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Thursday, April 05, 2007

Geo-locking femtocells

Interesting to see that this femto from Samsung has a GPS device in it, which is used to "geo lock" it to an operator's licenced territory.

I presume this is particularly relevant for countries like the US where there are regional operators. For markets elsewhere with nationwide licences, I guess that the IP address of the broadband connection should be sufficient to ensure customers don't put the device in a suitcase and try & plug it in somewhere the provider isn't permitted to operate.

Interesting to see the real-world practicalities starting to come out, though. I suspect there's going to be a range of issues around security/authentication for femtocells that are only now being recognised.


Anonymous said...

Dean - a GPS in a femto - which is designed to sit INDOORS! Don't believe all the press releases you get!

Dean Bubley said...

GPS can work indoors. And also in this case the femto isn't as power-constrained as a battery-powered device, and can therefore keep monitoring GPS signals 24x7. Could be some form of assisted GPS too, I guess.

Anonymous said...


Several points.

First, you are absolutely correct: secirity, authentication, provisioning are all critical - and are there are a number of "subtle but important" issues. Making sure that subscribers to a "home service" do not just put the femto in a suitcase for freecalls all the time are a good example.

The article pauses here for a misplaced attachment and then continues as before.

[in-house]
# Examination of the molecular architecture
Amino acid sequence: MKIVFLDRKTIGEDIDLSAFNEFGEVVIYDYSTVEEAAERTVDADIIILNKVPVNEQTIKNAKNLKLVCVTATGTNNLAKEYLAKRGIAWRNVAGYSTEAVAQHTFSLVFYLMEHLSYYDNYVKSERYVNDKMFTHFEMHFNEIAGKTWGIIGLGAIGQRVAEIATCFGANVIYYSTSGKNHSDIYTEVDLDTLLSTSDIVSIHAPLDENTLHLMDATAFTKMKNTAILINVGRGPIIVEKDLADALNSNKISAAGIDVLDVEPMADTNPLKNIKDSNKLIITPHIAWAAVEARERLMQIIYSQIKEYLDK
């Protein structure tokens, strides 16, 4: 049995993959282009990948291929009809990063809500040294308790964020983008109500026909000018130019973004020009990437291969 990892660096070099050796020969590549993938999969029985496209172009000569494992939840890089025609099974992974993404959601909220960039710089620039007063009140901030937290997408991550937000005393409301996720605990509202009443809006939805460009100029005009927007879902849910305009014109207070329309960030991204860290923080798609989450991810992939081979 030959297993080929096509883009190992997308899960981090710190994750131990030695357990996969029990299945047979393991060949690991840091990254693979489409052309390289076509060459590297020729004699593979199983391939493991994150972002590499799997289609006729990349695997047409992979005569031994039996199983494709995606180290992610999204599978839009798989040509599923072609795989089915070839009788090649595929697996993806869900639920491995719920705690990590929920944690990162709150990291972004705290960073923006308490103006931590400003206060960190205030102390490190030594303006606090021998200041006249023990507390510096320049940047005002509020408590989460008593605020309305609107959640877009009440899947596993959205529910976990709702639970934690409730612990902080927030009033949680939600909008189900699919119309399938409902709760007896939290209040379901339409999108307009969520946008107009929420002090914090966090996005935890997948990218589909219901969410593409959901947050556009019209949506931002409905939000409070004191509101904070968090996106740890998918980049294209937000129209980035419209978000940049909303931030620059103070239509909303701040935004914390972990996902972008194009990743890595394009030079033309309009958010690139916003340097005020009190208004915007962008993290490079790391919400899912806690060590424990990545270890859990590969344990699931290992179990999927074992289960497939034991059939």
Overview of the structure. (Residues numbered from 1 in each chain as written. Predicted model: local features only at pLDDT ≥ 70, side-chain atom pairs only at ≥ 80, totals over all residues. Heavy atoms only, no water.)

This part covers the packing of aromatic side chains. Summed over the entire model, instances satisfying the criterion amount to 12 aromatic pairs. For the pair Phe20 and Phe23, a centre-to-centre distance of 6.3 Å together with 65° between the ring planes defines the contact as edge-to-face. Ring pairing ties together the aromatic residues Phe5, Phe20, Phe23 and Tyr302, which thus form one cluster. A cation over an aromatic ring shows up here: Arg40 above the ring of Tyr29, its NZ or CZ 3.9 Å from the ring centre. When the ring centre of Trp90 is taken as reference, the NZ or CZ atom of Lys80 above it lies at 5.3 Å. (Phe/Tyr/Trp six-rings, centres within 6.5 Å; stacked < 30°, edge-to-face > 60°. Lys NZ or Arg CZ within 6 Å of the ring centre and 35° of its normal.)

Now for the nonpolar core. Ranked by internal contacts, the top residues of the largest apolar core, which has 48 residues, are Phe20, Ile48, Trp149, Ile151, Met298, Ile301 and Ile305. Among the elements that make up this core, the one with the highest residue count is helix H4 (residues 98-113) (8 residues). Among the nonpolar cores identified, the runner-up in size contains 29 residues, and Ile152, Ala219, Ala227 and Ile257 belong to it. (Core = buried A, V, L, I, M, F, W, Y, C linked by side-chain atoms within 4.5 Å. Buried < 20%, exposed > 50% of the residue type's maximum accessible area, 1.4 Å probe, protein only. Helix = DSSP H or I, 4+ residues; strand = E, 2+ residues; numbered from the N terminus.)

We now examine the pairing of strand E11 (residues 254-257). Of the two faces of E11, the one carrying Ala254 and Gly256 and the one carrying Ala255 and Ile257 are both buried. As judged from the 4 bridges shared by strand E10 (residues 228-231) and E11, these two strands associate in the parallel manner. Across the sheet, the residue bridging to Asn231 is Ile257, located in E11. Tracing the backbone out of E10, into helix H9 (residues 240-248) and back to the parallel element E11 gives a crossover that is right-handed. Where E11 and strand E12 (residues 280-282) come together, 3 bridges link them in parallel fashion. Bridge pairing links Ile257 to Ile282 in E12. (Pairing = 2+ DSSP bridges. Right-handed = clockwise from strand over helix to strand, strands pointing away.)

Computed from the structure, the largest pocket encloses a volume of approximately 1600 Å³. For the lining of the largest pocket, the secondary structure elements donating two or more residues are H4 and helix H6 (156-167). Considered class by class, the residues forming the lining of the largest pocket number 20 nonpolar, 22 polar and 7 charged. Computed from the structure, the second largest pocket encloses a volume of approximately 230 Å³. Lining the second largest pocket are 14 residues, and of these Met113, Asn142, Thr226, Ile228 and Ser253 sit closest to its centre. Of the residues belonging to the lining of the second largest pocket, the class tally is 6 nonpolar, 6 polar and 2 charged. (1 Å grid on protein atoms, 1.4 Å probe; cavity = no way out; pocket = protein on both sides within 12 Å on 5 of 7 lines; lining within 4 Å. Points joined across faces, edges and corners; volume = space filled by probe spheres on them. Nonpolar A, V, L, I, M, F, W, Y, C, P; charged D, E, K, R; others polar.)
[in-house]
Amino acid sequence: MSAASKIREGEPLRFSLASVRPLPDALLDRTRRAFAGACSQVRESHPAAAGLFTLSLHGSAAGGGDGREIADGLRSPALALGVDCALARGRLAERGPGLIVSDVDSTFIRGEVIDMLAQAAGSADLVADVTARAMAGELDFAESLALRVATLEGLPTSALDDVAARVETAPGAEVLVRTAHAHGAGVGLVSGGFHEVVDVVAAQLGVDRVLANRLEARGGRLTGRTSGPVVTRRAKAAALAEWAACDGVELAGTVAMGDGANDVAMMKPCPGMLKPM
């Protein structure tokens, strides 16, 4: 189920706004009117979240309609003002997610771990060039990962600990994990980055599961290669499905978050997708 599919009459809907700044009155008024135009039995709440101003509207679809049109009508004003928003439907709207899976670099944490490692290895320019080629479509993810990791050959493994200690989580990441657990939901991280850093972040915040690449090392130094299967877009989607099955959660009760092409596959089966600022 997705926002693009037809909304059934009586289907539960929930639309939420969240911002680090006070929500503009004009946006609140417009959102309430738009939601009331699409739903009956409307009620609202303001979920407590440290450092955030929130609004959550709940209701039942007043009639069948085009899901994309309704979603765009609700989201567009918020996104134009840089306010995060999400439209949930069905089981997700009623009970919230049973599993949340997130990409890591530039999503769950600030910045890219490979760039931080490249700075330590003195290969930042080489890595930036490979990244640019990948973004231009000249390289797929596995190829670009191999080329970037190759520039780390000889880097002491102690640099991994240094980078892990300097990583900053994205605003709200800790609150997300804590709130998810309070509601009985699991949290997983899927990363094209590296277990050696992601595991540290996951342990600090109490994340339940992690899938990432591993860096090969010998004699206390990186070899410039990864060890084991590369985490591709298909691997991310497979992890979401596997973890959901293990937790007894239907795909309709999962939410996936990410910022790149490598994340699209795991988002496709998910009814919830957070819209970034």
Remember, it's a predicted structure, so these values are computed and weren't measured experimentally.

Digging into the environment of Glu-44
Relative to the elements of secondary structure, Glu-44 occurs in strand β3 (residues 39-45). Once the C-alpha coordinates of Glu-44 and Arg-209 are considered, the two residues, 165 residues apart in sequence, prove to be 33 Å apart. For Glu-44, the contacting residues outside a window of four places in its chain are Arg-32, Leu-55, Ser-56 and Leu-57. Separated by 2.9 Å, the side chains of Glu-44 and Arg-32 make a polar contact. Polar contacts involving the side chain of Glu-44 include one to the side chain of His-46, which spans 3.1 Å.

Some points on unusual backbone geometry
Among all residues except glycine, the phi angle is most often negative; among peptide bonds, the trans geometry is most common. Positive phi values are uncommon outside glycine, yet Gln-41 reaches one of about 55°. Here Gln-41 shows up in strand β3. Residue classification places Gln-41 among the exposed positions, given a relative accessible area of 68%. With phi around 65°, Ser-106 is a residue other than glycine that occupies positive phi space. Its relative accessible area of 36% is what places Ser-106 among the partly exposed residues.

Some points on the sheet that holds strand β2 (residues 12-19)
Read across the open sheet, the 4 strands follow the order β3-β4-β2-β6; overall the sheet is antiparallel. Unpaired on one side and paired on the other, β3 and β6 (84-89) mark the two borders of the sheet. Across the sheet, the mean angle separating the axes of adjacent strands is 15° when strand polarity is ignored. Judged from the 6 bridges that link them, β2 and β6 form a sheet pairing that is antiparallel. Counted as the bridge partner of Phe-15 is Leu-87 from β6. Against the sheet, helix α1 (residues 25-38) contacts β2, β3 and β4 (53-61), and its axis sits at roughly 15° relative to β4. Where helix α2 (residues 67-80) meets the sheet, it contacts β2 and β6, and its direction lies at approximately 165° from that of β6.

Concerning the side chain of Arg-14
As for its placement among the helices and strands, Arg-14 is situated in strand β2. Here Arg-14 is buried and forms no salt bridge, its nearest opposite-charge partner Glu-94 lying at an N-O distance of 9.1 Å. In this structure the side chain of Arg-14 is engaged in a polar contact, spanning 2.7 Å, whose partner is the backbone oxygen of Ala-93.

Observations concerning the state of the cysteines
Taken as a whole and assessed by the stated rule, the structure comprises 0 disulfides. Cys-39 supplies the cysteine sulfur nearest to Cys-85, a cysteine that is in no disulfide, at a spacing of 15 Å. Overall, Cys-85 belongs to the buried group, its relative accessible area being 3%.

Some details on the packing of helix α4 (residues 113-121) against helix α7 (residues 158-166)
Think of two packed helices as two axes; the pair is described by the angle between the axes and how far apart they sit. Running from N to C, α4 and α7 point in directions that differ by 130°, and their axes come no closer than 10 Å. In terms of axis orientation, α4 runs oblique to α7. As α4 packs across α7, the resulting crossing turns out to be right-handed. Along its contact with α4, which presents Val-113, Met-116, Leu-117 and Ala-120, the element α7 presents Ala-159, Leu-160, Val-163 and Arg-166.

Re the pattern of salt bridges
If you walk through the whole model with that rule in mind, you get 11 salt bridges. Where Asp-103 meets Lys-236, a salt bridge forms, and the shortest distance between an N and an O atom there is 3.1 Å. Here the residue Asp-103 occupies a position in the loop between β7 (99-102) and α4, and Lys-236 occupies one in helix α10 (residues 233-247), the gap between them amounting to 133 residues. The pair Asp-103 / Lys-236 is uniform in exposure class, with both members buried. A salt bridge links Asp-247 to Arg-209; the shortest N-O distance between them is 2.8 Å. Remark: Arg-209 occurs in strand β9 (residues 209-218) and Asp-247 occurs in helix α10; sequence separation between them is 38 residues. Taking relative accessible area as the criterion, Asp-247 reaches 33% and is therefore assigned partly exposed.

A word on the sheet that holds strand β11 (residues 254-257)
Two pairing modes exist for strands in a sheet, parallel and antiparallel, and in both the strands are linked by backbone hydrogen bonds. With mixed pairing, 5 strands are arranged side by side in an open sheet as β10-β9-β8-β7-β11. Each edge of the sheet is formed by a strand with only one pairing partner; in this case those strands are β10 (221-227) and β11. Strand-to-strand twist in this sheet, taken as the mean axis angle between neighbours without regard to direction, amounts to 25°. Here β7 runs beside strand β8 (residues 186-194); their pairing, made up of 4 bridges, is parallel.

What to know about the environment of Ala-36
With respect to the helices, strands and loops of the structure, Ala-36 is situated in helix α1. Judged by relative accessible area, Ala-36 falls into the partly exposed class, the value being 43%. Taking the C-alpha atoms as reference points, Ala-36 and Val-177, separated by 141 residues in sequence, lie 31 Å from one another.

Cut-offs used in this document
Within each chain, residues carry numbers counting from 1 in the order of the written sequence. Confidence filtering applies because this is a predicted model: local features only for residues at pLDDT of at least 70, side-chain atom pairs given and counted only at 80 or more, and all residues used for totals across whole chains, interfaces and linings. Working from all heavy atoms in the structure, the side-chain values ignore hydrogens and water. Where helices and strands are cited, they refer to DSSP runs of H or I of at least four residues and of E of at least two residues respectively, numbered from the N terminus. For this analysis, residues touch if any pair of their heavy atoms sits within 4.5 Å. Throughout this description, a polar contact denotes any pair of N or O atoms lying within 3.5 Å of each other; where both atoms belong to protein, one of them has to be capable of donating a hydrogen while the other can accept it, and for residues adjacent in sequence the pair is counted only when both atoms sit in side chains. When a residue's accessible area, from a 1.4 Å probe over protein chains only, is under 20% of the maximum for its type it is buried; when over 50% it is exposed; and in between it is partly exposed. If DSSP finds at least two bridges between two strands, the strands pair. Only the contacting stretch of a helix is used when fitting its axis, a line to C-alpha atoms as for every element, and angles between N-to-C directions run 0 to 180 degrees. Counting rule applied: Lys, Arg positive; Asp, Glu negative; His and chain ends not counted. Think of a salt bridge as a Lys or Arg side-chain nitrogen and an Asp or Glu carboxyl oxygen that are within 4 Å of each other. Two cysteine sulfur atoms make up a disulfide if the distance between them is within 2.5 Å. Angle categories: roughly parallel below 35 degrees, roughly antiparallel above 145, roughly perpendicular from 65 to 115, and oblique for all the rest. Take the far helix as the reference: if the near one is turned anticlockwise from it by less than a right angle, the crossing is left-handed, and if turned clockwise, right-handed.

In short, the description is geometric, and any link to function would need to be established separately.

As such, most carriers and OEMs are planning on such "geo-locking" in their systems.

Secondly, GPS is a possibility. Indoor coverage is not too bad: especially as you only need "slow" tracking (the house is unlikely to move down a motorway: any movement is a worry). That said, coverage in US is probably better than, say, Korean towerblocks.

However, there are alternatives. One of the obvious is just locking the femto to a specific DSLAM or CMTS: if it is moved you must call the carrier to reset it. (Yes, I know this opens up a load of other issues... We are back to "subtle but important - and good examples of why creating a scalable service is much more than just building a modem!).

Finally, though, is a different point. Basestations need very accurate timing: a few parts-per-billion, accurate over the life of the BS. In normal use that is from a stratum clock locked over PDH (T1 link), a rubidium OCXO -- or a "proper" GPS timing reference. There are a number of ways of doing this - but if you can rely on coverage (see above, reasonable in USA), then why not kill two birds with one stone?

Rupert Baines, picoChip